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How recognition technology has put a whole new face on whale watching


New technology similar to human facial recognition can now successfully identify individual humpback whales, potentially turning photos by Queensland whale-watching day-trippers into valuable scientific data.

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The breakthrough identification technology has been built on the painstaking cataloguing of more than 700 whales over 25 years by Queensland researchers and uses multi-feature artificial intelligence algorithms to simultaneously match individual whale markings.

It means artificial intelligence can now scour images from social media posts to scientific research records to quickly and accurately identify individual whales.

And it makes it possible to extract valuable scientific data day from pictures not only from expert researchers, but day-trippers or “citizen scientists” heading out on whale watching tours from the Gold Coast or Hervey Bay.

The new process by Southern Cross University marine researchers, published in the Journal of Cetacean Management and Research, is expected to save scientists thousands of hours of identifying whales from images by eye, and provides a template for the rapid, highly-accurate identification of individuals of other species.

Lead researcher Dr Trish Franklin, who has personally analysed thousands of images over the past 25 years to identify and write histories of 583 eastern Australian whales mainly around Hervey Bay, said the development was comparable to using human face recognition technology.

“These advanced techniques could replace hundreds or thousands of hours of visual curation with just a few automated hours of computation,” Franklin said.

Marine Ecology Research Centre, Southern Cross University, Adjunct Fellows Dr Trish Franklin and Dr Wally Franklin (Photos: Supplied)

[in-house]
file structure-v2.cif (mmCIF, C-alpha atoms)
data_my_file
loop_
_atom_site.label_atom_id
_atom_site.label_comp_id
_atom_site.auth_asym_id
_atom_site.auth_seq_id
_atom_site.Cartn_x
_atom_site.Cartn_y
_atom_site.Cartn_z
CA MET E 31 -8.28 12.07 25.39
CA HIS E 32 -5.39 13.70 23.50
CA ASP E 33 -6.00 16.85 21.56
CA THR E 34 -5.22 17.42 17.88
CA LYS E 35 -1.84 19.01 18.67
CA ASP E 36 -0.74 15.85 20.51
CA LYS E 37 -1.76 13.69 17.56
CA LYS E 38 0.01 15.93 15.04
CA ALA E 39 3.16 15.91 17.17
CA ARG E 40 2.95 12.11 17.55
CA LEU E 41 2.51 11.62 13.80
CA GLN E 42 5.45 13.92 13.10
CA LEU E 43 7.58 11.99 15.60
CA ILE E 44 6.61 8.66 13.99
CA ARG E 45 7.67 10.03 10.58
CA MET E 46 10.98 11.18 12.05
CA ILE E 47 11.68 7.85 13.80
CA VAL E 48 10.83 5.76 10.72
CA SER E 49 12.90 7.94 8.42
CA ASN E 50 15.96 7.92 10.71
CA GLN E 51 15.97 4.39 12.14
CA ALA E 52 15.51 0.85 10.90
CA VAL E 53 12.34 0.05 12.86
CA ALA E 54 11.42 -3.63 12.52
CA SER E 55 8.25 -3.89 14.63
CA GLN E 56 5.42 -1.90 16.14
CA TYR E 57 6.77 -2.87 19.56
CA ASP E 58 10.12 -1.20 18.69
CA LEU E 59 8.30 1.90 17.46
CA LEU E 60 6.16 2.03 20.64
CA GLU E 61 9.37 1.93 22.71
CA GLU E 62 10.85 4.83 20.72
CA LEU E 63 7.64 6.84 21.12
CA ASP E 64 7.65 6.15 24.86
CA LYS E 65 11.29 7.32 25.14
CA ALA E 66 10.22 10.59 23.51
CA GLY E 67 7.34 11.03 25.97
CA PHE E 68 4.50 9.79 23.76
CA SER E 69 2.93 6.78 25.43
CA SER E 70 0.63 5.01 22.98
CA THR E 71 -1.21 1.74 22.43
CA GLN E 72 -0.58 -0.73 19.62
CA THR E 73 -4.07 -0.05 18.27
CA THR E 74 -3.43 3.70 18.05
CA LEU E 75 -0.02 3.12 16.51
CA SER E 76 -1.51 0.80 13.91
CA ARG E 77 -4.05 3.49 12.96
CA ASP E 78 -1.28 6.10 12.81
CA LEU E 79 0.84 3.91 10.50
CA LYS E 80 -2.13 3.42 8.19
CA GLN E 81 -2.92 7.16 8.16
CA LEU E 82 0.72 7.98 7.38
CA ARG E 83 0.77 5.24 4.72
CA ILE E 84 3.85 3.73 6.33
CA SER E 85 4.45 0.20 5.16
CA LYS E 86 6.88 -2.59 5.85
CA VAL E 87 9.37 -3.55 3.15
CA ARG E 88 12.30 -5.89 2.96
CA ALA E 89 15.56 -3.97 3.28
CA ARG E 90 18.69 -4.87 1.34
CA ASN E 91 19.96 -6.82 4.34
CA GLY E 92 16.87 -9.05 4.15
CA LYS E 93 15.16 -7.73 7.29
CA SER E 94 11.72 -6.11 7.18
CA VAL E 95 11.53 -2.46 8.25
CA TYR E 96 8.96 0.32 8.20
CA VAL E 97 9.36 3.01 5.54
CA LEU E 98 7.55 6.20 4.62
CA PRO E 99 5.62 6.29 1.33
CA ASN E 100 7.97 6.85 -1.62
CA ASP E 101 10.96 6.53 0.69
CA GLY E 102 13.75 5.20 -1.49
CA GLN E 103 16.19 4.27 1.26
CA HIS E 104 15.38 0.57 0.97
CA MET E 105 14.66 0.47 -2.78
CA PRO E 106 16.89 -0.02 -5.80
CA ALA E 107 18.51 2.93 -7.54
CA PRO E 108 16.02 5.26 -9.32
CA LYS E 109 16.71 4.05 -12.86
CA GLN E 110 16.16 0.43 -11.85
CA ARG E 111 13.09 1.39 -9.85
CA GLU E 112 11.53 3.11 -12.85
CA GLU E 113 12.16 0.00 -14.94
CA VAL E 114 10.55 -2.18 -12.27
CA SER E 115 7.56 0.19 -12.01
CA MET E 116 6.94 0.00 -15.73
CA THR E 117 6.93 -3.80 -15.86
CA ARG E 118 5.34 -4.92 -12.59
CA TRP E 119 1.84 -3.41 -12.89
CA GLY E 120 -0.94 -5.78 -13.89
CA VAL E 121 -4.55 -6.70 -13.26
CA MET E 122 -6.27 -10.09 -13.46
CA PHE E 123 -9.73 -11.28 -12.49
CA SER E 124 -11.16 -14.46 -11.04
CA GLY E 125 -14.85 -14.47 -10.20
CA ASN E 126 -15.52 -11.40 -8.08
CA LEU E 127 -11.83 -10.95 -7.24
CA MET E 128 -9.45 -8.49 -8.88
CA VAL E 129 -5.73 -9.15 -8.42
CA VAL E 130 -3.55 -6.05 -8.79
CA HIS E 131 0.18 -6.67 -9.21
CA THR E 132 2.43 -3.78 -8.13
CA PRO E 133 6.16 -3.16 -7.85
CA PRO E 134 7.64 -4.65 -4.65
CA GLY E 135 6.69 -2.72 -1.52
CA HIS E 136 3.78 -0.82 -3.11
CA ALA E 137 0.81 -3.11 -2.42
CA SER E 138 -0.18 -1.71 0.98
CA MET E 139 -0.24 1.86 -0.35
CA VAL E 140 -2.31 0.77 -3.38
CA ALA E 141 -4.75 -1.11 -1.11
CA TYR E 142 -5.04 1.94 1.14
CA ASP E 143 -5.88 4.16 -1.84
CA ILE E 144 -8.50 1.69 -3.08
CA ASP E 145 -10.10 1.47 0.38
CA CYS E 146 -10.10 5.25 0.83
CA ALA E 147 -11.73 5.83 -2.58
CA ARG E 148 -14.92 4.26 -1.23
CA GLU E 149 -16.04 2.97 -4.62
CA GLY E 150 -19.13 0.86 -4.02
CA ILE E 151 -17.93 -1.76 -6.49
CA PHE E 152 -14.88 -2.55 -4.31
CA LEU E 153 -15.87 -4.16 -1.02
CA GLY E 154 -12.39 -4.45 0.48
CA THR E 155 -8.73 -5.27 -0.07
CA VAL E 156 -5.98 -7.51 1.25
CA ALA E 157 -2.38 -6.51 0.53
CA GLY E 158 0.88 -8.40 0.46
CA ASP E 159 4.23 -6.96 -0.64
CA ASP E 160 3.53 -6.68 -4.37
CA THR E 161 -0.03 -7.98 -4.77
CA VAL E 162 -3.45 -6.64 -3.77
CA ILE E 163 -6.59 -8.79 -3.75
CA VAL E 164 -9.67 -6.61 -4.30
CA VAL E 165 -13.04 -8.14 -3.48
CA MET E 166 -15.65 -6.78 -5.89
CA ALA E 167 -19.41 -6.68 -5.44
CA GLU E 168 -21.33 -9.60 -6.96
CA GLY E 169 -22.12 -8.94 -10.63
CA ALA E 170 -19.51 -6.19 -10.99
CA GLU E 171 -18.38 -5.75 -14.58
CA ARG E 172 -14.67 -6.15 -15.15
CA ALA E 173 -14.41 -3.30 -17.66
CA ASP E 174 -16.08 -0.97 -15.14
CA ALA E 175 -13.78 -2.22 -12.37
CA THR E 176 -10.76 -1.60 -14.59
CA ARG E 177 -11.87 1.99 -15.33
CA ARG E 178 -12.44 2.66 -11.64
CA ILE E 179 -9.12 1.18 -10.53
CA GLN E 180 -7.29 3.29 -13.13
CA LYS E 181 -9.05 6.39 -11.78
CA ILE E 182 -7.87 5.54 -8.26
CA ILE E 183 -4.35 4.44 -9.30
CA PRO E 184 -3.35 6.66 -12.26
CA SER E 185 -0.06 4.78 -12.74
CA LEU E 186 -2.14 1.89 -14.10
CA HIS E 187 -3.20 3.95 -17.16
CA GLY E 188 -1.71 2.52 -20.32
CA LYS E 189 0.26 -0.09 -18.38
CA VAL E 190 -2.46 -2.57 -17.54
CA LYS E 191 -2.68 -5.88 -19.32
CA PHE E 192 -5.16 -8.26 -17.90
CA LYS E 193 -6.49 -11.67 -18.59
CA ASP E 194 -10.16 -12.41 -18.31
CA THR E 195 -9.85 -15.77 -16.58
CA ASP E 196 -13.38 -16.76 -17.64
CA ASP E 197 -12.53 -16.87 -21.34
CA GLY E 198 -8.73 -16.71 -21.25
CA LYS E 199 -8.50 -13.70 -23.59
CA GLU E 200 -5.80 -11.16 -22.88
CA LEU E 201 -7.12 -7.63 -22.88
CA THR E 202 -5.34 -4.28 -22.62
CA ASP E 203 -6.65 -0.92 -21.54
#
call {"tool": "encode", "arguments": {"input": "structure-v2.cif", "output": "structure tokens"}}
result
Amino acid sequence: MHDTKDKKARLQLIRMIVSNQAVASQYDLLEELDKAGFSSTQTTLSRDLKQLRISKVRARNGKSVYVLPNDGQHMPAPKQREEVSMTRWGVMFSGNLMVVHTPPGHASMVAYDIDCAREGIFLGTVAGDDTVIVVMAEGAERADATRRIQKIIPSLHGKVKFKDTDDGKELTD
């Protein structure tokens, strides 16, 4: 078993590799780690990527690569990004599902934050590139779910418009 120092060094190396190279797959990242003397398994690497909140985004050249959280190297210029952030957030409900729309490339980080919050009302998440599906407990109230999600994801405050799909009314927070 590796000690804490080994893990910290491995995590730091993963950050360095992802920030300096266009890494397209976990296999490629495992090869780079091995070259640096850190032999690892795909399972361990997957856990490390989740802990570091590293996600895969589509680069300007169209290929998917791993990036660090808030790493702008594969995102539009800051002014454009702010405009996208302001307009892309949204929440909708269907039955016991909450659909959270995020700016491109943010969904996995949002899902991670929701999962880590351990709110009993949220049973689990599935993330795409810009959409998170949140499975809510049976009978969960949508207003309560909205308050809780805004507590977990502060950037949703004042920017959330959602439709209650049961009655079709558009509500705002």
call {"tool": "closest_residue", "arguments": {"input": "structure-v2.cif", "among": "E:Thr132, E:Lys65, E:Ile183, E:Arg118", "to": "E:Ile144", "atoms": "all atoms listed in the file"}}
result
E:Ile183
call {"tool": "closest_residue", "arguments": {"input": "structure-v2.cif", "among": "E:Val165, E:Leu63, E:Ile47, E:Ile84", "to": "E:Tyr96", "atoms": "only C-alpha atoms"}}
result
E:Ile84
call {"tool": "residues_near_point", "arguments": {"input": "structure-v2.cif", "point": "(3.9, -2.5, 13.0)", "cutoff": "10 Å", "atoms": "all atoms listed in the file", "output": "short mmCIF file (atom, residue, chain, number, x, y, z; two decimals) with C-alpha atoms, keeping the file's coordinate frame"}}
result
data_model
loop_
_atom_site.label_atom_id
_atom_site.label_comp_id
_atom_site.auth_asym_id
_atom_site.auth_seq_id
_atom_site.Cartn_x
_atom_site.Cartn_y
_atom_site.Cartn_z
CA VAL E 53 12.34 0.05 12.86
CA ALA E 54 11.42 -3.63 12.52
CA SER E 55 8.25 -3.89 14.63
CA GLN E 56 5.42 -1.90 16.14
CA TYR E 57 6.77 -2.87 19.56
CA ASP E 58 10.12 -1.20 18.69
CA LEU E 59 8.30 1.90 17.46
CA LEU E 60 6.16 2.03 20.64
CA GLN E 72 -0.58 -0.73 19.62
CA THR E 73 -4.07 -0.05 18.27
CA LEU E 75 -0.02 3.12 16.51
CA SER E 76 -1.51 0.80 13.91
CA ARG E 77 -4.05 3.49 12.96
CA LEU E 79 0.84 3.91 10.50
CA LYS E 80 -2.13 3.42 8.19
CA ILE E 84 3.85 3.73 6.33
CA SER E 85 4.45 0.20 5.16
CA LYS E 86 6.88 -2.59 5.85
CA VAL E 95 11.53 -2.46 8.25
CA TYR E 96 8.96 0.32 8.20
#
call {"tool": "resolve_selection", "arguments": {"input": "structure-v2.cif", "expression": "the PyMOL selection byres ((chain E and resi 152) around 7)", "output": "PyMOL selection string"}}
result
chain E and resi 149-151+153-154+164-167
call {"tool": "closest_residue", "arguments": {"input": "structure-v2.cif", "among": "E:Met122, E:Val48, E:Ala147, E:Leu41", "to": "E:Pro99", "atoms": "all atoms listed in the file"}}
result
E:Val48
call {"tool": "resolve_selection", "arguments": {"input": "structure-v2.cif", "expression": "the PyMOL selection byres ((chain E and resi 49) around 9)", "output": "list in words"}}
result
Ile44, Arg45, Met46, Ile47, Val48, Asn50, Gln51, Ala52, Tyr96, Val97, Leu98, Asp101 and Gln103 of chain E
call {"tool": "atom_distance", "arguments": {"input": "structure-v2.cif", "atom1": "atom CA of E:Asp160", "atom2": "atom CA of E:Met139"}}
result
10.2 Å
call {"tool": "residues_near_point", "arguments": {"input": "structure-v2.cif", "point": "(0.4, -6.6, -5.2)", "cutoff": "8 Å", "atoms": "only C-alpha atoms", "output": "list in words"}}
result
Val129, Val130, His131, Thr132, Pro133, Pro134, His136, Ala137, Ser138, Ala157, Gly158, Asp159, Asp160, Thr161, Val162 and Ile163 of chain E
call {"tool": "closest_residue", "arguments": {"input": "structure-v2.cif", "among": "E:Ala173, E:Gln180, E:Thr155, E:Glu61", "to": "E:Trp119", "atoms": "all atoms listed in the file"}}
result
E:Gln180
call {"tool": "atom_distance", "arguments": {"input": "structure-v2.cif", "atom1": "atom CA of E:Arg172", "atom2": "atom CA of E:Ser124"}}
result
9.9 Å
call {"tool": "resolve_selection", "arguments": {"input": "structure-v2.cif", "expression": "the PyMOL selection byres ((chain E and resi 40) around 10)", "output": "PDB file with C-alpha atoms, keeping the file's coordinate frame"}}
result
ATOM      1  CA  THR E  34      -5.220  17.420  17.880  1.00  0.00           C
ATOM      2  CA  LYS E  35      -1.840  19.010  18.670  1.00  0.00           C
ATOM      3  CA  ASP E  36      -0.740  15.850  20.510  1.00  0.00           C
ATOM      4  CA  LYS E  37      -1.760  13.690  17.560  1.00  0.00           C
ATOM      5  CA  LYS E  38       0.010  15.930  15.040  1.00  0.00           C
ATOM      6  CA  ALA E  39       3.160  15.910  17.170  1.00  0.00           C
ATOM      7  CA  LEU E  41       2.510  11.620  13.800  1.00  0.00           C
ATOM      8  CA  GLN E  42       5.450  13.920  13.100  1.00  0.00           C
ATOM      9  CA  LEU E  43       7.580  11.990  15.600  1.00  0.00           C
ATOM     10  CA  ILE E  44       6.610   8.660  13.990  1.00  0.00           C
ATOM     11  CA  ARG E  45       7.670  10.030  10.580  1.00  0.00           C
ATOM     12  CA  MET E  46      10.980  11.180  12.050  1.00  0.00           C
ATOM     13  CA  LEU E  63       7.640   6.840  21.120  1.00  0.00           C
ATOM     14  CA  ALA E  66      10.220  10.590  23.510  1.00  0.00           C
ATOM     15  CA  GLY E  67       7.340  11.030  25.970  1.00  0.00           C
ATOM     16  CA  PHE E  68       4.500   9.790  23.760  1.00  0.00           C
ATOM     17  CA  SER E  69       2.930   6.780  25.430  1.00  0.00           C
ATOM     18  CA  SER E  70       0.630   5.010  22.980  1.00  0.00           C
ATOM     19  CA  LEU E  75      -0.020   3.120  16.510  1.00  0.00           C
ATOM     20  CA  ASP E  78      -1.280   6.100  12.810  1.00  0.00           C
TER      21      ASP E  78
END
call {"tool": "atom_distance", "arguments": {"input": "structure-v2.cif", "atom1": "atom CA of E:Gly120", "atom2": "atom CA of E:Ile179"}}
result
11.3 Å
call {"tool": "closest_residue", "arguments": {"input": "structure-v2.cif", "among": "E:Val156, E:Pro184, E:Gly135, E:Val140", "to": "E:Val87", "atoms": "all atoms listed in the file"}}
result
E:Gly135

Franklin’s husband and fellow researcher, Dr Wally Franklin, said identifying individual whales was vital to monitoring world populations.

“When studying a population of any species, knowledge of individuals is critically important in terms of studying social behaviour and biological functions,” he said.

“By getting sightings of individuals over time we can keep track of what’s going on with the numbers of whales, investigate birthing rates, and we can also work out how the whales are intermingling with each other, such as if the Eastern Australia whales are increasingly intermingling with nearby Pacific populations.”

Franklin said the capability to monitor individual whales represented a massive boost for scientists who could recognise individual whales as quickly and easily as it was to spot Australia’s famous white humpback Migaloo.

“Migaloo is a classic example of getting knowledge of an individual. We get the knowledge on him because he is so distinctive. The reality is most individual humpback whales are not distinctive,” Franklin said.

“One of the main ideas we have in mind now is to build a portal so that citizen scientists on whale watching trips come back with the photos of the whales they’ve been seeing that day, they can load the photographs through this portal and match them to the existing histories of the humpback whales we have from the work over the past 25 years.”

The 2021 northern migration of humpback whales along Australia’s east coast, from Antarctica to the Great Barrier Reef and beyond, starts in June.

The humpback whales travel north from June to mid-August and south from mid-August to early November each year.

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